[Ads-l] mulligan (golf)--warning: speculative

Stephen Goranson goranson at DUKE.EDU
Wed Jun 9 09:28:35 EDT 2021


Thanks to Garson, Dan, and Dave.
Garson. Thanks for the great 1935 article set on the golf course in Ontario just east of Detroit. It’s worth going to the clip, evidently accessible without the personal subscription, which uses “mulligan” again after the transcribed excerpt.
Dan. Thanks for the 1920 prohibition-bemoaning citation(s). From the shore-side of Furman Street in Brooklyn, apparently, loud drunken sounds reportedly had bothered folks in more the upscale neighborhood on the other side of the street. I won’t now speculate much, beyond that “half and half” may be an alcoholic drink. “mulligan” here may or may not be “stew.” Unsettled, for me, yet.
Dave. Thanks for the fuller quotation of what OED had from 1936. Marin Hunter McIntyre (1878-1943) is indeed different than O. O. McIntyre, as I had guessed. As in so much in etymology writing, my guess was mistaken. Yet, maybe quite relevant, something left unmentioned in your post: he was indeed as well a long-time editor and journalist. Interesting to me is that in the 1920s he wrote for Army and Navy journals and for newsreels. Maybe worth a look? The assertion that mulligan “is not a coinage of Marvin McIntyre,” if I may say so, along with much else, remains to be seen.

Stephen Goranson
http://people.duke.edu/~goranson/
Stephen Goranson's Home Page - Duke University<http://people.duke.edu/~goranson/>
Stephen Goranson. goranson "at" duke "dot" edu. Jannaeus.pdf. My paper on the history of Alexander Jannaeus as the Qumran- and Essene-view "Wicked Priest" and Judah the Essene as the "Teacher of Righteousness" (3 August 2005 [revised 12 January 2006]; 34 pages), "Jannaeus, His Brother Absalom, and Judah the Essene ". Dura-Europos.pdf "7 vs. 8: The Battle Over the Holy Day at Dura-Europos"
people.duke.edu


________________________________
From: American Dialect Society <ADS-L at LISTSERV.UGA.EDU> on behalf of Dan Goncharoff <thegonch at GMAIL.COM>
Sent: Tuesday, June 8, 2021 6:02 PM
To: ADS-L at LISTSERV.UGA.EDU <ADS-L at LISTSERV.UGA.EDU>
Subject: Re: mulligan (golf)--warning: speculative

I don't know if this is relevant.
In the Brooklyn Eagle, 29 August 1920, in an article about Brooklyn Heights
by Edward V. Riis, I read the following sentence:
"Nor was it born of Maraschino, but half and half and mulligan."
The Maraschino refers to a phrase by George Ade: "Freedom shrieked when
Maraschino fell." found in Cosmopolitan for July 1920.
I have no idea what "half and half and mulligan" means!
DanG


On Tue, Jun 8, 2021 at 4:21 PM dave at wilton.net <dave at wilton.net> wrote:

>
> The Big Spring (not "Springs" as the OED has it) Daily Herald is on
> Newspaperarchive.com—as has been pointed out before when searching for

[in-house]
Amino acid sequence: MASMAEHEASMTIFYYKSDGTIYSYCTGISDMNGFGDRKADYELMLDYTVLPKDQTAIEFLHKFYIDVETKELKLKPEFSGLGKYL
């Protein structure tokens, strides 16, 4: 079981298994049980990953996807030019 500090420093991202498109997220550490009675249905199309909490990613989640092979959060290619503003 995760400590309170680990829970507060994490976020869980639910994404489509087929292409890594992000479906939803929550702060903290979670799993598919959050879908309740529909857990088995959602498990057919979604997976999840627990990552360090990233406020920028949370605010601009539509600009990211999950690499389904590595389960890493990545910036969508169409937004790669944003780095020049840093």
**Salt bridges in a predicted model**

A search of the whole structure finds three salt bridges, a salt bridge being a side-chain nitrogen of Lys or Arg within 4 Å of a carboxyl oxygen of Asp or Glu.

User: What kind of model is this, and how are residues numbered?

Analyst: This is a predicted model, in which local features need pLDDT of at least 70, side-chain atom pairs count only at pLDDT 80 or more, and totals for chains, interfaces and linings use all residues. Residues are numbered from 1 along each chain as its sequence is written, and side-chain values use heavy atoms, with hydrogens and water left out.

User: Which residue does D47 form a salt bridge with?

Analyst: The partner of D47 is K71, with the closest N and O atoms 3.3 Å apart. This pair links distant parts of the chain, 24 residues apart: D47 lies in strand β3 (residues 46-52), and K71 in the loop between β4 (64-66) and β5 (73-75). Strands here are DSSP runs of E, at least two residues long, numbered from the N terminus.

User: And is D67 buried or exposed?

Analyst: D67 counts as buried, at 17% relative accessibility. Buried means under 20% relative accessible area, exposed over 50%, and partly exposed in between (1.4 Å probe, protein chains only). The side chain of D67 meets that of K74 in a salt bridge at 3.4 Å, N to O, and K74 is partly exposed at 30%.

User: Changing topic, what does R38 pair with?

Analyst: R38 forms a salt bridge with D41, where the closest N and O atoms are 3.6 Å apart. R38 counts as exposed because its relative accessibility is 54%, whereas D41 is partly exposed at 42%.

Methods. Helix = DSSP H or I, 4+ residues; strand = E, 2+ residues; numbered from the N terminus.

> other terms, the package sold to universities evidently does not contain
> all the newspapers. This one doesn't show up when I search through the
> university site, but it does through my personal account.
>
> The McIntyre in question is Marvin McIntyre, an aide to FDR, not the
> newspaper columnist.
>
> A slightly longer excerpt:
>
> “Golfers Try to Lower Marks.” Big Spring Daily Herald (Texas), 5 May 1936,
> 4. Newspaperarchive.com.
>
> "Following McIntyre around a few holes of golf frequently rewards the
> gallery with such irate remarks as 'Nuts, I’ve had 10 strokes on this hole
> already; I’ll pick up.' He seems to find new hop on the next tee—that is,
> until his tee shot.
>
> "Another McIntyre-ism is the use of the “mulligan”—links-ology for a
> second shot employed after a previously dubbed shot. Most McIntyre
> 'mulligans' are worse dubbed that the initial shot, however—which seems to
> serve as a psychological encouragement to the presidential attache.
>
> That's all the article has on "mulligan," but the wording implies that the
> term is already current among golfers and is not a coinage of Marvin
> McIntyre. And it's use in the 1930s to specifically mean a second chance to
> hit a successful shot off the tee, as opposed to anywhere on the course,
> corresponds with an origin in long-ball-hitting baseball.
>
>
> -----Original Message-----
> From: "Stephen Goranson" <goranson at DUKE.EDU>
> Sent: Tuesday, June 8, 2021 9:14am
> To: ADS-L at LISTSERV.UGA.EDU
> Subject: Re: [ADS-L] mulligan (golf)--warning: speculative
>
>
>
> Thanks, Garson; that might lead somewhere.
> Both of the quotations from Dave Wilton yesterday (June 7) are repeats
> from his blog and before that Peter's blog. Been there; read that.
> These are not, imo, slam dunk connections to a golf mulligan. And the Swat
> Milligan name spelling did persist as well; one might reasonably expect at
> least some appearances of that spelling in the proposal. Anyone? I've been
> mistaken before, but I call special pleading.
>
> Not to leave on that--and maybe we agree that a specific golfer named
> Mulligan is not proven as the source--here's what may be a very small lead.
> O. O. McIntyre (1884-1938) was a long-time newspaper columnist, including
> the long-running "New York Day by Day.". OED's first quotation is:
> "1936 Big Springs (Texas) Daily Herald 5 May 4/5 Another McIntyre-ism is
> the use of the ‘mulligan’—links-ology for a second shot employed after a
> previously dubbed shot."
> Given excellent researchers here (I've failed on this so far): which
> McIntyre column (if column it was) and what date? Please?
>
> Stephen Goranson
>
>
>
>
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